Convoy Battles were as Important as El Alamein, Stalingrad or Guadalcanal

Seventy-five years ago saw what has often been lauded as the moment of victory for the Allies in the Battle of the Atlantic. The key clashes were staged across April and May 1943, with convoy escorts battling a U-boat force encouraged by an impressive score in March – sinking 107 Allied ships in the month’s first 20 days – to believe it could yet secure supreme triumph for Germany.

As was so often the case in war, such an upswing in fortune could so easily become a downturn and signs of the German decline to come were there even in March. The month had closed amid dreadful weather, with only 15 enemy merchant vessels sent to the bottom by U-boats during its final 11 days. The submarine crews were tired, the boats battered and in need of repair, while fuel and torpedo stocks were depleted.

A U-boat hunts for a convoy in the vast N. Atlantic. Image: Dennis Andrews.

Yet the resilient U-boat force soon sent its submarines back into action, to become locked in battle with escort groups, trying to break through and attack merchant vessels.

The first of the pivotal fights came in early April with the assault on convoy HX-231, of 61 merchant vessels, a battle stretching across hundreds of miles of ocean. The cutting edge of the wolf pack was blunted above all by the determined actions of the B7 escort group, led by the Royal Navy’s formidable Commander Peter Gretton. Six merchant vessels were sunk, for no boats lost, but the overall performance of the German submarines had been timid, the U-boat force War Log blaming it on ‘the inexperience of young Commanding Officers.’

A British escort charges off to tackle a U-boat to prevent it from sinking merchant ships in convoy across the Atlantic. Image: Dennis Andrews.

In fact, morale was so fragile in the U-boat force that some submarine COs eagerly embraced any mechanical defect to report their vessels non-operational. Kriegsmarine commander-in-chief Grand Admiral Karl Donitz responded by threatening stiffer penalties for those he perceived to be shirkers.

The B7 group was also sent out to protect the 41-ship convoy ONS-5. The U-boats were ordered by their boss to wait for nightfall on 5 May and then to attack with vigour in order to ensure ‘there will be nothing of the convoy left’. This was far from being the case, with just 13 merchant vessels sunk, a poor return for five U-boats and their crews destroyed.

When the U-boats tried to score big again in late May, they failed utterly, with four submarines lost during attempts to attack convoy SC-130. All 37 of its precious merchant vessels – carrying fuel oil, explosives, lumber and grain among other things – were delivered safely to Liverpool.

By this time in the contest Allied escort groups & aircraft were clearly achieving a measure of superiority in the open ocean war that stacked the odds heavily against Germany’s submariners. In the first five months of 1943, Allied warships and aircraft sank 81 U-boats. With that rate of losses Donitz felt he had no choice but to admit wolf pack operations were no longer possible – at least not for the time being. He therefore issued an order for U-boats to withdraw from the North Atlantic on May 24.

The quality of Allied warships, not least their weapons and U-boat detecting equipment, had risen dramatically since German submarines had been able to wreak havoc on convoys (especially during 1940 – 1941). The senior leadership of the Allied escorts – the skill of junior officers too – was also greatly improved.

Gretton, along with other escort group commanders, including the equally lethally proficient Donald Macintyre and ‘Johnny’ Walker, were now getting into their stride. As they wielded their ships to great effect, long-range air patrols by Allied air forces bore down heavily on the enemy too, at times scoring a similarly devastating rate of kills.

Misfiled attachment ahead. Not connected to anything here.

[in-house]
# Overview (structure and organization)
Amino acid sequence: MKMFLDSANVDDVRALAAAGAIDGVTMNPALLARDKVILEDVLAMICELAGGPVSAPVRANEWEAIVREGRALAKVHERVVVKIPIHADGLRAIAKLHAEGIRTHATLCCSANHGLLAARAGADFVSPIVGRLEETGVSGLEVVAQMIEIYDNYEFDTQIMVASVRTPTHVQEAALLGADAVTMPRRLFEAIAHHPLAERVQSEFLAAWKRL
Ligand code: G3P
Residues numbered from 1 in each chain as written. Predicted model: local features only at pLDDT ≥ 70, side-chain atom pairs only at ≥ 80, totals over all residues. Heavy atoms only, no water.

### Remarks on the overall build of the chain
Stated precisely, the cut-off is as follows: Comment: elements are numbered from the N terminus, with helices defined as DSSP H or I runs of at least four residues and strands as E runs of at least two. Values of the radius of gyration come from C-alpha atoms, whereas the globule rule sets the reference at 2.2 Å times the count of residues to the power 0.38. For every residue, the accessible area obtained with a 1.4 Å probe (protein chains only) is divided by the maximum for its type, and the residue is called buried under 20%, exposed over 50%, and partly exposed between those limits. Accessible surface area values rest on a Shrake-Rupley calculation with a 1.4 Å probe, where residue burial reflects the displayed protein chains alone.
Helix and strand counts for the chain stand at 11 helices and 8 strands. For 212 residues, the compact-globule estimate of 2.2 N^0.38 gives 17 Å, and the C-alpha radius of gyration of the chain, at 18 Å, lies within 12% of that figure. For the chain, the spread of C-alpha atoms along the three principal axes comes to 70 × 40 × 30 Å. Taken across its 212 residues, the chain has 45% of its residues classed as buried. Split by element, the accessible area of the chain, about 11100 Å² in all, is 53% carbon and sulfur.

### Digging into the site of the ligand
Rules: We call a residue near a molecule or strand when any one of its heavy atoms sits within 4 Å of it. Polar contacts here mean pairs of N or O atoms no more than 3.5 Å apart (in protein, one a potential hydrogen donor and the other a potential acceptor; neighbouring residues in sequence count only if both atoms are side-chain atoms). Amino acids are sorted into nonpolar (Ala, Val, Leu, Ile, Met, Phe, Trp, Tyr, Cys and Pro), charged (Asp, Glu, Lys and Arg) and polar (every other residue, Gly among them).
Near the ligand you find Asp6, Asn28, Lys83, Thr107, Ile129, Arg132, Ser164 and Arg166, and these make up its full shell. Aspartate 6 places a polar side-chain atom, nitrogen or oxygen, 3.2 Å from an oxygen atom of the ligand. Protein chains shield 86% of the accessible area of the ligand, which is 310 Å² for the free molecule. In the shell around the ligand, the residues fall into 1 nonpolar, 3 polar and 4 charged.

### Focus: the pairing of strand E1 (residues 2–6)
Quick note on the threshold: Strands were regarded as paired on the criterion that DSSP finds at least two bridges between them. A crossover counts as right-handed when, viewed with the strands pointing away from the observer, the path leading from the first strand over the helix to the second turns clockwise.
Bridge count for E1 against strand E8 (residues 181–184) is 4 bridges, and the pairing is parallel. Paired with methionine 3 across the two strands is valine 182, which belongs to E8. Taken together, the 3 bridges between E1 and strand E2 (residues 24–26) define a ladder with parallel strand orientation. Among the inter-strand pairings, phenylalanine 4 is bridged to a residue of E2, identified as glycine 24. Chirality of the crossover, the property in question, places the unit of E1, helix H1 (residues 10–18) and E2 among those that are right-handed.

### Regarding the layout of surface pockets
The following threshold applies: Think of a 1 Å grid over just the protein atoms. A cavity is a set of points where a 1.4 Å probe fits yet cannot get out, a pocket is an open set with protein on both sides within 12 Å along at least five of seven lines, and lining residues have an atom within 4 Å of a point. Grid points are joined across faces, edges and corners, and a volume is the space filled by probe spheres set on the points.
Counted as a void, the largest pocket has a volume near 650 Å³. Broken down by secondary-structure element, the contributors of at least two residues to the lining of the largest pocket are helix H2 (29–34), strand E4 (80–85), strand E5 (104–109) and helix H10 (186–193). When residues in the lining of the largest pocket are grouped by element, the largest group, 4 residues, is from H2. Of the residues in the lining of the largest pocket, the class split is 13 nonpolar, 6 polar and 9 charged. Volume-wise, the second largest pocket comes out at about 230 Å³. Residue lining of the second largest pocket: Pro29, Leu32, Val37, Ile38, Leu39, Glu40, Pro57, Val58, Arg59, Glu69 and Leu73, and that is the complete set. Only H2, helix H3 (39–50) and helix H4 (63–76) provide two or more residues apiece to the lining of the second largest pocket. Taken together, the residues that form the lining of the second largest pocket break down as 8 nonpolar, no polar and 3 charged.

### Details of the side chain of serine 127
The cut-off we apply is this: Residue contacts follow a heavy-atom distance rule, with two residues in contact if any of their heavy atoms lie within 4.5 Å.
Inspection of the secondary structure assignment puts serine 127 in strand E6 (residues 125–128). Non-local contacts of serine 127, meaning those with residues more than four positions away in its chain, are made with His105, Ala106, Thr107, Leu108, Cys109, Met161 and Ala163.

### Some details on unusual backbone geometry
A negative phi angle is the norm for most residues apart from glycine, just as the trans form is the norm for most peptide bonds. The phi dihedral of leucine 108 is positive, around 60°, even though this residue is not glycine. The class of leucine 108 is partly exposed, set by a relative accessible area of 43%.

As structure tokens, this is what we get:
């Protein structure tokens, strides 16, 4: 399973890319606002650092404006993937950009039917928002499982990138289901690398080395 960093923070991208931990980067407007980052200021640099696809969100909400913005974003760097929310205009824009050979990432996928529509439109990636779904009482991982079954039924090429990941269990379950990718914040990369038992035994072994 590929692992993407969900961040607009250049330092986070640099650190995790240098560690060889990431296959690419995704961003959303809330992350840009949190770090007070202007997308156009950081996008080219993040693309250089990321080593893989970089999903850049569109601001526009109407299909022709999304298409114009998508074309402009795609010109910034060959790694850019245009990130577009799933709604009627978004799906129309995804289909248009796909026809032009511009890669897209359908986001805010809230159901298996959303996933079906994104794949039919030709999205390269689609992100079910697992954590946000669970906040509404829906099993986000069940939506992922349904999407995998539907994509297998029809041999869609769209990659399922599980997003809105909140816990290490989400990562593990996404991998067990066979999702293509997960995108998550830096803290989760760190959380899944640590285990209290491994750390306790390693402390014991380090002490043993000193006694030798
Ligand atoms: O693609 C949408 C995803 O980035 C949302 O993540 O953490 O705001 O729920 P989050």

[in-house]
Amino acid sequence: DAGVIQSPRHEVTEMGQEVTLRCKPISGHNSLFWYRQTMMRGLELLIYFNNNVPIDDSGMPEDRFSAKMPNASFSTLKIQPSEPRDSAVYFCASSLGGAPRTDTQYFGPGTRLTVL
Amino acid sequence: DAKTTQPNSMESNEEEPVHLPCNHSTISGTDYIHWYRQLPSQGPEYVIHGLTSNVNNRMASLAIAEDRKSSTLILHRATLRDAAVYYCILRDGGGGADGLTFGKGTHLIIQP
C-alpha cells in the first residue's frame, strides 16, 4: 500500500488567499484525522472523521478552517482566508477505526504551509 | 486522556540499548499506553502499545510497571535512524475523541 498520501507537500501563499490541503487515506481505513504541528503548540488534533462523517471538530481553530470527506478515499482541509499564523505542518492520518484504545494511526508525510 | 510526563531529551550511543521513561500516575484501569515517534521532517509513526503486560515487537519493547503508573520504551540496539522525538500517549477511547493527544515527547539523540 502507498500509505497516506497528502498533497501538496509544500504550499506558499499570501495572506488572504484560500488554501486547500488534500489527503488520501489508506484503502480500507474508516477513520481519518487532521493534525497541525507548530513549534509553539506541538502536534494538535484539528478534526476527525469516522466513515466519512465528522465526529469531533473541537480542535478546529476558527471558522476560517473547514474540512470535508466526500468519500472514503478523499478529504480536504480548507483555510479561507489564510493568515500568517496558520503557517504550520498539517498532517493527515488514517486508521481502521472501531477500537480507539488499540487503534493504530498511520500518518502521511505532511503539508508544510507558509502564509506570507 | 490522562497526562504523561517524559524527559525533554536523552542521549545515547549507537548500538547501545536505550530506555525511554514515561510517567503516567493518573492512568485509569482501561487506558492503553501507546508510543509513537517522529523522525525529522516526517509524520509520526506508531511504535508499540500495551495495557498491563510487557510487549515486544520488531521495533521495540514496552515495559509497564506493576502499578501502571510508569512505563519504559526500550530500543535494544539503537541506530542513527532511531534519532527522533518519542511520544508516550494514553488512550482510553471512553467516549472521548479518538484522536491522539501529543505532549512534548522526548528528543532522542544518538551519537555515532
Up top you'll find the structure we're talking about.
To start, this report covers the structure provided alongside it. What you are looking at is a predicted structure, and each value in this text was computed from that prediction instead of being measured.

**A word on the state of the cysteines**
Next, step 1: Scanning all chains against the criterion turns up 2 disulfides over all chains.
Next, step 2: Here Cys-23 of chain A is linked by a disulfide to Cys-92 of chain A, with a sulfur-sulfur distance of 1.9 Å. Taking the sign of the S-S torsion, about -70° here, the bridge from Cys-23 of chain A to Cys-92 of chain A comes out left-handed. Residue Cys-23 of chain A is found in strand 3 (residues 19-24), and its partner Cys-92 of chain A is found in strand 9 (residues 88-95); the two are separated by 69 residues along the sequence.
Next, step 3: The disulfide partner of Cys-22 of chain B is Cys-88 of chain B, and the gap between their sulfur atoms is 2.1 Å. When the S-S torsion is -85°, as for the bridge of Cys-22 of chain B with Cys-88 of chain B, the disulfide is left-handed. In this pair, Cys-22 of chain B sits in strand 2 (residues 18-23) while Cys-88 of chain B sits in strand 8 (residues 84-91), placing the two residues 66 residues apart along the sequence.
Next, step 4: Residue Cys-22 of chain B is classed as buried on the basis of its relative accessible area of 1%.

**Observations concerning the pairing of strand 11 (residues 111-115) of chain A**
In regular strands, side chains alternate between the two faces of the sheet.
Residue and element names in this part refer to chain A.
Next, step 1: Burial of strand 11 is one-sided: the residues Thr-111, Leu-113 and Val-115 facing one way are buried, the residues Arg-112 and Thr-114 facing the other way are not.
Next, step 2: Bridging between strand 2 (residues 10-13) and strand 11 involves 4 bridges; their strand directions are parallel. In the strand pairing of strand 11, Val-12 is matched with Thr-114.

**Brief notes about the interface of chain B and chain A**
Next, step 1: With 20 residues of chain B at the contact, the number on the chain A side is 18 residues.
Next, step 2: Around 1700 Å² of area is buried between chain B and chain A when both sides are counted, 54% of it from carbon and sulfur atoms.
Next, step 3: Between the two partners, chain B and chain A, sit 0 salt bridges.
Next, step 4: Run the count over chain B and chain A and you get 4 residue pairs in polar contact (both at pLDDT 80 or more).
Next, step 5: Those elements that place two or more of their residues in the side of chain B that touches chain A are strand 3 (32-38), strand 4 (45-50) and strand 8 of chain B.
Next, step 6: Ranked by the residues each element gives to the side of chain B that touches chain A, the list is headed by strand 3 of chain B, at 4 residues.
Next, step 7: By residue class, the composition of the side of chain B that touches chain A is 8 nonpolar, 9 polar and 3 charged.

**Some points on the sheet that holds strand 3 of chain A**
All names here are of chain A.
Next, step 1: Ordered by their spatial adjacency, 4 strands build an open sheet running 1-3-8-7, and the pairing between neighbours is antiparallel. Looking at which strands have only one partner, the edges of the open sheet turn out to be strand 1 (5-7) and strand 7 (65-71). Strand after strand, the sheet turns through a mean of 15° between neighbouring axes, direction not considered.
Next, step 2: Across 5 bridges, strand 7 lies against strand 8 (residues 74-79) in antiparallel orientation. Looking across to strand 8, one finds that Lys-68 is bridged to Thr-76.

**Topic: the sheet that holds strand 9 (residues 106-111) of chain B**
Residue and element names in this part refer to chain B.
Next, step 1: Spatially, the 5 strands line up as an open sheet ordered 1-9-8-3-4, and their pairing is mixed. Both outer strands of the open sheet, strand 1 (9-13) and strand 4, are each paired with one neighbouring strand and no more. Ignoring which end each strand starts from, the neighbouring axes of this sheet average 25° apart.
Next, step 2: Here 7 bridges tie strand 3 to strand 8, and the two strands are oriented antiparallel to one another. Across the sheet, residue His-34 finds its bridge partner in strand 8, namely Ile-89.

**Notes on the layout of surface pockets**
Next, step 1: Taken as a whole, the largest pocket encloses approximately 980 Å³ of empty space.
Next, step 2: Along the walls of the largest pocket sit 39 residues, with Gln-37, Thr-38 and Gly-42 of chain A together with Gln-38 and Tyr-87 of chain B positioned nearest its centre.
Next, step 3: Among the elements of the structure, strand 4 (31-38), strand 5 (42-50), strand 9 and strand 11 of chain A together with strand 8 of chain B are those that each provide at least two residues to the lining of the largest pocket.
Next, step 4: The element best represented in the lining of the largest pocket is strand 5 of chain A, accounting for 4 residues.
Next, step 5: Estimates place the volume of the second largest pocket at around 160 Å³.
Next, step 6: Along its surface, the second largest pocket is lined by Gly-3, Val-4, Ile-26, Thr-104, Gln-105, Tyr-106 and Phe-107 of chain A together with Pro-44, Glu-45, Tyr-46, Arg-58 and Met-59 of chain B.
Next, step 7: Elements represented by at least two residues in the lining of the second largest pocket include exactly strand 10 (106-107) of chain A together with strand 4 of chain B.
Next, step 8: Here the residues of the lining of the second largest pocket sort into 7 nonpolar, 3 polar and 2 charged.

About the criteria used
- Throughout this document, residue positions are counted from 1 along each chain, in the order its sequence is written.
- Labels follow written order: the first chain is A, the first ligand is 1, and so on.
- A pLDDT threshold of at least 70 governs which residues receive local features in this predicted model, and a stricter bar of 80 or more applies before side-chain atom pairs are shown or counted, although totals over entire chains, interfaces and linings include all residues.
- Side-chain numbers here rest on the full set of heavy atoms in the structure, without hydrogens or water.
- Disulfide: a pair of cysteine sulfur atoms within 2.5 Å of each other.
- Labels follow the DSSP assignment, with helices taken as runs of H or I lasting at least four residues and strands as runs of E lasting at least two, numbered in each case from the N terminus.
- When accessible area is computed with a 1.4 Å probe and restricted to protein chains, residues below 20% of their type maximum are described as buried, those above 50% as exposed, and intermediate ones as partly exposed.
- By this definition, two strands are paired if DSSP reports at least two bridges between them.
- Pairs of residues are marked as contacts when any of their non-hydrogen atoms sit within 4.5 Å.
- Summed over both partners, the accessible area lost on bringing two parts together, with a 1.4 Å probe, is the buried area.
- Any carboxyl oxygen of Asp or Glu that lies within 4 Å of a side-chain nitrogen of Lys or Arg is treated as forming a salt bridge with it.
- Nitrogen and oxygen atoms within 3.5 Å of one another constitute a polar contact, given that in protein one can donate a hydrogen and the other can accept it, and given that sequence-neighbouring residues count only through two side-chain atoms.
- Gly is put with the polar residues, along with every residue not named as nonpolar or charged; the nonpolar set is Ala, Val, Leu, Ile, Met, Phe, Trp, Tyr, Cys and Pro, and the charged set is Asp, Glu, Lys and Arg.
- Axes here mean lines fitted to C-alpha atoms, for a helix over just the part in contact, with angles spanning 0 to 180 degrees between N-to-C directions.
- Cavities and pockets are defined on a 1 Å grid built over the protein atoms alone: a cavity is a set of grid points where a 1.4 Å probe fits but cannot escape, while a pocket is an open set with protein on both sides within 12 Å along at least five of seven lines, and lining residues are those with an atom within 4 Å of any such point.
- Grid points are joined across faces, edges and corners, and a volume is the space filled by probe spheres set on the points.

An Allied aircraft attacks a U-boat as the struggle in the N. Atlantic continues during WW2. Photo: US Navy/NHHC.

Amid all the memorializing of the great victories on land at the end of 1942 and in the first half of 1943, the great turning of the tide against the Axis – via the British victory at the Second Battle of El Alamein, the Sixth Army surrendering to the Russians at Stalingrad, the capture of 275,000 Italian and German troops in Tunisia and Americans triumphing at Guadalcanal – the significance of the convoy battles in the Atlantic of April and May 1943 can become forgotten. Such critical events in the turn of the tide at sea risk being lost amid the amorphous term Battle of the Atlantic.

Those laurels that were awarded to the warship captains who beat the U-boats came in the form of paper slips on which were written decryptions of coded signals conveying congratulations from senior commanders. In the aftermath of the fight to get ONS-5 through there was at least a message of thanks from Prime Minister Winston Churchill signaled to escorts.

One post-war admiral – a junior officer serving in destroyers during 1943 – judged Allied victories in the Battle of the Atlantic to be as great as any land victory. According to Vice Admiral Sir Roderick Macdonald, they were vital in ‘preparing the way for the invasion of Europe’. Had it been fought ashore, or even a sea engagement in the age of fighting sail, the ONS-5 victory ‘would be [lauded] in the history books, like Salamis or Trafalgar’ for it was ‘no skirmish’ and the battle ‘to defend convoy ONS-5 was of more significance than Alamein.’

That may be stretching it a little, but the point is well made, for pitched battles at sea do not leave behind scarred buildings or pockmarked bunkers, or wrecked tanks littering the landscape. Nor do the casualties lie in lovingly tended war cemeteries close to the scene of the battle to offer an all too tangible reminder of sacrifice.

Those who perished in the battles for convoys HX-231, ONS-5 and SC-130 lie in unseen and unknowable watery graves, vanished under the sea either inside their sunken ships and submarines or swept away by the cruel sea until absorbed into the vastness of the ocean.


Each merchant vessel that reached a UK port was another victory for the Allies in the struggle against the U-boats in the Battle of the Atlantic during WW2. Photo: US National Archives.